DIY Playhouse

The last time I did a quick look for playhouse kits, I was shocked to find out how much I could pay for an item like this, not to mention the added shipping costs for all the lumber. It didn’t take me long to figure out that the money spent on delivery charges alone would pay for much of the lumber if I build the playhouse myself. Now the challenge is finding playhouse plans that I’m capable of building.

This is where it gets a little tricky. If you’ve looked around, you’ve seen some pretty elaborate playhouse designs for sale. Most of these plans seem to be made by experienced carpenters, who approach the project as simply a scaled-down version of the real houses they are familiar building. Nothing wrong with having a playhouse built with this kind of strength and integrity, but whether the average DIY builder can take on a project like this is another story. If you know how to build a house, or know someone who does, these kinds of playhouse plans will work fine. If not, take some care to find a project design that is in your range of skills.

The good news is that playhouses do not really need the same structural details that you’ll find in a real house. Here are a few places in the basic design where you can cut a few corners, and still have a perfectly fine Play houses for the kids.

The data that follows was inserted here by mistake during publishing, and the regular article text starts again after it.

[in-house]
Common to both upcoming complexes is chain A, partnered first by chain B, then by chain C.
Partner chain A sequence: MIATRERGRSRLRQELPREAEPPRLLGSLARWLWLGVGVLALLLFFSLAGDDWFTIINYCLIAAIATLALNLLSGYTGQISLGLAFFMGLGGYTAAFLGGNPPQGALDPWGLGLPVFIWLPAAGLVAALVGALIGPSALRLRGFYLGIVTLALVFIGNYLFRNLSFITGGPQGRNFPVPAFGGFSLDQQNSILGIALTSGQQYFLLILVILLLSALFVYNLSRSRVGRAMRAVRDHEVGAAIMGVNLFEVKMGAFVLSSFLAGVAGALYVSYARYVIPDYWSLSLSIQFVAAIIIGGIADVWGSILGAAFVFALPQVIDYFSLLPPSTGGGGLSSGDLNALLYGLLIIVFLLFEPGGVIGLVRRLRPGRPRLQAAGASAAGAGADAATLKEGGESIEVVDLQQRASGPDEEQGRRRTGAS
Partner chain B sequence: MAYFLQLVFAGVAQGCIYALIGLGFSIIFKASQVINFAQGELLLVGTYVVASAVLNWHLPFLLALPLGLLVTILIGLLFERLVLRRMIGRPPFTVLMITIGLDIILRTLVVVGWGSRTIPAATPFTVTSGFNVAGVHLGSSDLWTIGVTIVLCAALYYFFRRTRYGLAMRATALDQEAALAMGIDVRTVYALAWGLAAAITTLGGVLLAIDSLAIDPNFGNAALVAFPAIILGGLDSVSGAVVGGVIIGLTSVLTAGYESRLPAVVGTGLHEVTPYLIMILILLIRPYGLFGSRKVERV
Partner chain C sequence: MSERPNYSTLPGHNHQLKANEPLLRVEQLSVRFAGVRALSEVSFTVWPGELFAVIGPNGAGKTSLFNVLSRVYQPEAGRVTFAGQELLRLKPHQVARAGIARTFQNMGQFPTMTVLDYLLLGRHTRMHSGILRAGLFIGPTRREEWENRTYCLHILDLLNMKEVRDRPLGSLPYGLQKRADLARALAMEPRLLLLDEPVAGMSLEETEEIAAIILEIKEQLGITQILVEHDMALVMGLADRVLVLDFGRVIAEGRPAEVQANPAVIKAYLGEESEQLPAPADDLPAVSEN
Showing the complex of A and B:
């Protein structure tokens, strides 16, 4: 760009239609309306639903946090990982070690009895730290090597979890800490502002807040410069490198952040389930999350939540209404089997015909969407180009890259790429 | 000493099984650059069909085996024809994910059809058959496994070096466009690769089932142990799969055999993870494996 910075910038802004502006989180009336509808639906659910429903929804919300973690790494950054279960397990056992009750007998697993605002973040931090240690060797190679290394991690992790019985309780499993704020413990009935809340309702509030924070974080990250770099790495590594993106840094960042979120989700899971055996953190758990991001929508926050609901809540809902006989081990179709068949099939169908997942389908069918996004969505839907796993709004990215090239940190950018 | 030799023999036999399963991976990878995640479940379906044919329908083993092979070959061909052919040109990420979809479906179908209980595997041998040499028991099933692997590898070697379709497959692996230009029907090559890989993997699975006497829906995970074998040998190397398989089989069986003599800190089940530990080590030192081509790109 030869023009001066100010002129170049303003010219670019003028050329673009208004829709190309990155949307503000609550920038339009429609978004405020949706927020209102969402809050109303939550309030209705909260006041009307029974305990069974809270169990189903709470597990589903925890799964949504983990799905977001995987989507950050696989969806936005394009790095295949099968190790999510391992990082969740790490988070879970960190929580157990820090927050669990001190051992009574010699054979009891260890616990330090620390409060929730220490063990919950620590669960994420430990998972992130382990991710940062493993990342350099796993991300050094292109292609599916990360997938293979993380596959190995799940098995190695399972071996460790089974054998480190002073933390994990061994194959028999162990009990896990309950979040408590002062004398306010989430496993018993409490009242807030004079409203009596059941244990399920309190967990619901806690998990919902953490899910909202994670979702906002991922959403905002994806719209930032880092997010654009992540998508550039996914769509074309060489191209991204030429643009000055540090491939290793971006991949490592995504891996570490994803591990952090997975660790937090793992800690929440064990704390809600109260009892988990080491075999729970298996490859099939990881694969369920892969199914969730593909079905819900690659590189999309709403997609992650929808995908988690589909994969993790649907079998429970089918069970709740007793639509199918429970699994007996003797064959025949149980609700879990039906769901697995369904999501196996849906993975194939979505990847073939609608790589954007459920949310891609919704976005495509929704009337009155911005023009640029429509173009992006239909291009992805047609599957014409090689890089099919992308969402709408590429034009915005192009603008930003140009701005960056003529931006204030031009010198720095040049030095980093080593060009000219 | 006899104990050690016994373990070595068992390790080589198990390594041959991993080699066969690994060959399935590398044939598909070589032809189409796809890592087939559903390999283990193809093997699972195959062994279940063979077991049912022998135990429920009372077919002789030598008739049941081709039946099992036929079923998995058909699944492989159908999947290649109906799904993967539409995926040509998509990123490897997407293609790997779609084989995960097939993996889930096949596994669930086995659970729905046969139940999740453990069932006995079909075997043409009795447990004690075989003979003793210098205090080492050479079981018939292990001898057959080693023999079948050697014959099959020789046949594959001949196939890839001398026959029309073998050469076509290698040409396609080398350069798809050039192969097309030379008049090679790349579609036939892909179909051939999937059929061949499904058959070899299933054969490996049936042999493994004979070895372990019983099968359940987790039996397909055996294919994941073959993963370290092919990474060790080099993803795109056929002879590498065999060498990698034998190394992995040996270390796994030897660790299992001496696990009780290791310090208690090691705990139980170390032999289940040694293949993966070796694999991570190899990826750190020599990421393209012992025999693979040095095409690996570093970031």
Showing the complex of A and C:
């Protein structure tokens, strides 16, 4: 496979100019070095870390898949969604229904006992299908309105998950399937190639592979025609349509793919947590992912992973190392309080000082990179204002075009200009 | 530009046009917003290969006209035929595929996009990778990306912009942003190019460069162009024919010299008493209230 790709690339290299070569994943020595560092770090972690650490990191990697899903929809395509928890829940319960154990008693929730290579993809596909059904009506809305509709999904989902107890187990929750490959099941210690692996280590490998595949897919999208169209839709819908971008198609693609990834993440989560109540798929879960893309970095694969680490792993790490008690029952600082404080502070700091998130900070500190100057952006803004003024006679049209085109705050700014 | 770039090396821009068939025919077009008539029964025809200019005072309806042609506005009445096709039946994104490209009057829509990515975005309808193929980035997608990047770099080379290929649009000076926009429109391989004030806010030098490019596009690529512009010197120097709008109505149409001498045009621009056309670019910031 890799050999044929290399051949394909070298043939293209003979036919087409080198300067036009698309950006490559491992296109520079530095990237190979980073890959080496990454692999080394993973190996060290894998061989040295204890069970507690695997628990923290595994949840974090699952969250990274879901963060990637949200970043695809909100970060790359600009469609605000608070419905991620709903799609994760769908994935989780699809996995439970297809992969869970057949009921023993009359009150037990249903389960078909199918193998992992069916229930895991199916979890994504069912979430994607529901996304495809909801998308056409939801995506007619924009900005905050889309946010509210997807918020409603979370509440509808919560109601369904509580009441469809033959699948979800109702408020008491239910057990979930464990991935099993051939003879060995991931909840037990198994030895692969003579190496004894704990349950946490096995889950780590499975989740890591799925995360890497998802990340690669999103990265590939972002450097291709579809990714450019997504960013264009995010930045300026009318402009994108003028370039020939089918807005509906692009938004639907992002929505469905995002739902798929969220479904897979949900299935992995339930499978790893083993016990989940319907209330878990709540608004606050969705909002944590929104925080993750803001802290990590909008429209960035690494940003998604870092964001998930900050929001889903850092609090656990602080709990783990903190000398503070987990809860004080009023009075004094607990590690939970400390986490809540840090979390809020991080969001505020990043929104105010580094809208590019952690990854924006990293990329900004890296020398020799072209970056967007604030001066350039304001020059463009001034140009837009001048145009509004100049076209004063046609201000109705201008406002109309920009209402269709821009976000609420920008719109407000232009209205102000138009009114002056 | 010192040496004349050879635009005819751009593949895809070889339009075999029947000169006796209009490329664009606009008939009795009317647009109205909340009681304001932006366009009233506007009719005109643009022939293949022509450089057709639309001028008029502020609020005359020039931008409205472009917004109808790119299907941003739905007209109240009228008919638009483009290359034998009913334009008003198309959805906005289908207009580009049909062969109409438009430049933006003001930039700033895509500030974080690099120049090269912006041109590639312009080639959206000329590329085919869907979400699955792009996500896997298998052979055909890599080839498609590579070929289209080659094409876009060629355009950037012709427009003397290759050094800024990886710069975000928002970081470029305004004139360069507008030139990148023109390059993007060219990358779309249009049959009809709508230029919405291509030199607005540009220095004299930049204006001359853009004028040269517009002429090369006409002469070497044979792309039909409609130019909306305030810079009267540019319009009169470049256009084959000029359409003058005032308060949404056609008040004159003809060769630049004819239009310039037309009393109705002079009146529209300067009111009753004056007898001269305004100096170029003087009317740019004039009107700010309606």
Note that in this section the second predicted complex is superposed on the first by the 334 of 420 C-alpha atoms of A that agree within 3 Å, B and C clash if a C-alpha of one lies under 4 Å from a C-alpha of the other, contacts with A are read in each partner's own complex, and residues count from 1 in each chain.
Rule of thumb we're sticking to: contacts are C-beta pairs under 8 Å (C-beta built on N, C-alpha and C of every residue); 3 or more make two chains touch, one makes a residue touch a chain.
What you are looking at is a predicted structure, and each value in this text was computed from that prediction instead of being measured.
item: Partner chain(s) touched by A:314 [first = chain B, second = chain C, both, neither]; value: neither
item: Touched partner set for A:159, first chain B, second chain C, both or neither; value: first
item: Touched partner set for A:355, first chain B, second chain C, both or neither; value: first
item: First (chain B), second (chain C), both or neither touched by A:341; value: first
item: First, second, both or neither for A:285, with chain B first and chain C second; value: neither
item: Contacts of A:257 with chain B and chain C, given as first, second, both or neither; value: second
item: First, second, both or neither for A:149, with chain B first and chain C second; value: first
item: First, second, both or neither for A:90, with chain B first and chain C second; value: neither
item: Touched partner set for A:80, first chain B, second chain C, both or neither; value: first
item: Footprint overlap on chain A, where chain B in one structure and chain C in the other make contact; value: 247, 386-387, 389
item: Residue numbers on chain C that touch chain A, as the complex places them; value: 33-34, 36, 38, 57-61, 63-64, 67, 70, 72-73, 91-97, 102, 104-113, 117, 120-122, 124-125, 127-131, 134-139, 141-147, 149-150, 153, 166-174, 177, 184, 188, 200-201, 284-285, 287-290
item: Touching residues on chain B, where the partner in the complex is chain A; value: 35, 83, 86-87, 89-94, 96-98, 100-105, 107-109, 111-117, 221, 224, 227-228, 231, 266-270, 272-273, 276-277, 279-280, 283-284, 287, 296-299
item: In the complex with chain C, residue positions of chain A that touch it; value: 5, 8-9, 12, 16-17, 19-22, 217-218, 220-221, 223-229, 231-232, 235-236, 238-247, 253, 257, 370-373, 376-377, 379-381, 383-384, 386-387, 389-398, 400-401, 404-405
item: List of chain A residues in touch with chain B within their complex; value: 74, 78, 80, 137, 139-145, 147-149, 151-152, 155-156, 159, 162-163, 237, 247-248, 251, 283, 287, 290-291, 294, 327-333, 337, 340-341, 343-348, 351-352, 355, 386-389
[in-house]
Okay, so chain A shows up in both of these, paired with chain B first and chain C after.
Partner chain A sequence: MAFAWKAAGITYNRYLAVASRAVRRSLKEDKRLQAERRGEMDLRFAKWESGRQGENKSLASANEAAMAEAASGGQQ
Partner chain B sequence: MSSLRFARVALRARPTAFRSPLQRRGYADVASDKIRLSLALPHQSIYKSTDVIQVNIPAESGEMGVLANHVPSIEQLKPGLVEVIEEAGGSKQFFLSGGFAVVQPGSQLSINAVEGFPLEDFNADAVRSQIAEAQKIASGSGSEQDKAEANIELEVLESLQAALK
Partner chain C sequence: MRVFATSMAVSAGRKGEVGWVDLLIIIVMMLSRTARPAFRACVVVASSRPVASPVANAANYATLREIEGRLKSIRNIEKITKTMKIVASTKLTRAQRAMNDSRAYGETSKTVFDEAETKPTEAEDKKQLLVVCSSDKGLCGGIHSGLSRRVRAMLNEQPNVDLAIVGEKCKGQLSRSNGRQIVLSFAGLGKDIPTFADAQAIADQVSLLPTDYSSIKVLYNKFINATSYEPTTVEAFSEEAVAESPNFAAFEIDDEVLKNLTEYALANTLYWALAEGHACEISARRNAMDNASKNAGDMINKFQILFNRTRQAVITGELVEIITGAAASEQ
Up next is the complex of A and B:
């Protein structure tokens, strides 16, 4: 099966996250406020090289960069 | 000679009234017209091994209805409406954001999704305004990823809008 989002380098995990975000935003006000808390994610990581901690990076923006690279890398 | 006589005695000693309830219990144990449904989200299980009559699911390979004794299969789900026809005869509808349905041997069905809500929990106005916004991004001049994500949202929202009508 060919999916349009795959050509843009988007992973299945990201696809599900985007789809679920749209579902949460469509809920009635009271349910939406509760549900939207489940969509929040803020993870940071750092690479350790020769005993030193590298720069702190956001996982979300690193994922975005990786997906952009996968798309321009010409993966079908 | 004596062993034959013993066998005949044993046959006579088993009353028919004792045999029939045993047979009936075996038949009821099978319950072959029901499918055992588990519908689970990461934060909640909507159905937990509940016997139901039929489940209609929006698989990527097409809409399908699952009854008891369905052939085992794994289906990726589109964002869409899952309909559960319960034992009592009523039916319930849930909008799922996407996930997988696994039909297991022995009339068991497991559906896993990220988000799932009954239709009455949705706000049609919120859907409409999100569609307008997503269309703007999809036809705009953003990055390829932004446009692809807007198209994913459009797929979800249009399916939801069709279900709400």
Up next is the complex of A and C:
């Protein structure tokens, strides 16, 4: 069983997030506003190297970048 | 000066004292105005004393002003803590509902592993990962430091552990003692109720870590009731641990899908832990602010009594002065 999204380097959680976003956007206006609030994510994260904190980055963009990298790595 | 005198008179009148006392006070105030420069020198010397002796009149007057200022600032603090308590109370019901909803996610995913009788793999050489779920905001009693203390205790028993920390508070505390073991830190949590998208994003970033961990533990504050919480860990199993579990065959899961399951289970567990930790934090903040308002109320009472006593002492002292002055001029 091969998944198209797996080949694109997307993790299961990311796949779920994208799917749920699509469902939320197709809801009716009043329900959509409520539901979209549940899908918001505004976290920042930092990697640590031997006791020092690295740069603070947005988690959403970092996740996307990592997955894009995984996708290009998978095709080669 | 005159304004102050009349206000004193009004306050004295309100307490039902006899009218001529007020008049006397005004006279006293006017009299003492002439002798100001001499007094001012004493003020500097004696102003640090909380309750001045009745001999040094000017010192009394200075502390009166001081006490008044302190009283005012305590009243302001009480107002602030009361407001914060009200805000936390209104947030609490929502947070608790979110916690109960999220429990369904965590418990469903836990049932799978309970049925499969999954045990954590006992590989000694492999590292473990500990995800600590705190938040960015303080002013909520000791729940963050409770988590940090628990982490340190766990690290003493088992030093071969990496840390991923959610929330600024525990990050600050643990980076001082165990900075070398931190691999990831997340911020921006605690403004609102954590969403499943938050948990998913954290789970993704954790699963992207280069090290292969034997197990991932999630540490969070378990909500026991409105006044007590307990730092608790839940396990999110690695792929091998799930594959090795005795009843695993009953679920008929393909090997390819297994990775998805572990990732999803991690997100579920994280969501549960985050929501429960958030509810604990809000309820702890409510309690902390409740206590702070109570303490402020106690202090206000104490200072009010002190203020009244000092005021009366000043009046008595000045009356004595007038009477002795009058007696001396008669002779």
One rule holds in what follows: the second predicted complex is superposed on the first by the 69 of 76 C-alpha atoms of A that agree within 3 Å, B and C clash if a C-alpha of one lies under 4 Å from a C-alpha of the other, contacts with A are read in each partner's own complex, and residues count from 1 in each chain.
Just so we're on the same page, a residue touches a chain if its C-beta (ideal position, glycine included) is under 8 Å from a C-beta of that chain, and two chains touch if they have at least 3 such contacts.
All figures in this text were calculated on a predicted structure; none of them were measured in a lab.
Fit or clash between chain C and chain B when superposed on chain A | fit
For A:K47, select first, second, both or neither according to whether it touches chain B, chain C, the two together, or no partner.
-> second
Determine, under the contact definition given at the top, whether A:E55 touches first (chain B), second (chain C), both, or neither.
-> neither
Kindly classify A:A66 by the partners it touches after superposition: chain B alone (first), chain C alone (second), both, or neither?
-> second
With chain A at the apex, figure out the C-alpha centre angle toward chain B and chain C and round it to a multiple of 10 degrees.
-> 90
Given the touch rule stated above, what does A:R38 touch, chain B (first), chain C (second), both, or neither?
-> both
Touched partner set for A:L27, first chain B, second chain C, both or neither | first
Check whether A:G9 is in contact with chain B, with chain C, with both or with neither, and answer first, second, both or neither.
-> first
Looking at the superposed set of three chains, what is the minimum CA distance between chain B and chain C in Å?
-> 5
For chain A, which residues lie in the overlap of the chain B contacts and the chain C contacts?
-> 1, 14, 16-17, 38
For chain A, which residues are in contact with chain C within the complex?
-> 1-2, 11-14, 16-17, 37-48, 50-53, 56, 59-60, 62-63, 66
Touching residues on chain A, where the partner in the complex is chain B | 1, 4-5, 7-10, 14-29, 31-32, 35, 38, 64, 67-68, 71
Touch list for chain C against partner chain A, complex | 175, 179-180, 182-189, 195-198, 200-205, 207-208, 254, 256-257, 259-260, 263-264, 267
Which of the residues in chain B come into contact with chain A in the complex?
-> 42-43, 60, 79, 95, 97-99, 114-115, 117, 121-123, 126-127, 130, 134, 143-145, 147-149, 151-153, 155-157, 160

Floor – Some of the more elaborate playhouse plans call for 2×6 lumber in all floor joist members. This is fine for houses and outdoor sheds, but a small playhouse can work fine using less expensive 2x4s. Go ahead keep with the typical spacing of floor joists (16″ on center) and I’d also stay with laying ¾” plywood on top.

Walls – Some plans get a little carried away with the construction of walls, following the same techniques used in building a real house. That means lots of intricate cripple studs, window headers, and door frames. Most of these features can be simplified. For example, it’s not really necessary to keep wall studs 16″ on center. A plywood wall needs only a few boards to hold it up, one at each side and one or two the middle. And a simple window can easily be cut from the center of the plywood, and framed out with wood trim.

Roof – It’s always a good idea to keep a playhouse water tight, and so the roof is where you should pay the most attention. Most plans call for typical roof construction, and that means plywood sheathing, tar paper, and asphalt shingles. With such a small roof to work with, this is money well spent, regardless of how simple of a design you settle on. The way to save time and money here is to skip the typical gable-roof style and build a simple one-piece roof with a slope. This will do a fine job of keeping rain and snow diverted and save you the trouble of cutting lots of rafter angles.

Play houses

PLEASE NOTE: Many of the posts on this website are automatically developed from youtube videos and articles and are not sold on this website and are for informational purposes only. We sell the 10 playhouse special that can be purchased at the following source.

Click Here To Order the 10 Complete Playhouse Plans for reg $29.99 Limited Sale $9.99 with free 64 page e-book

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10 Complete Playhouse Plans for reg $29.99 Limited Sale $9.99 with free 64 page e-book
Here is a link for a discount and a free plan

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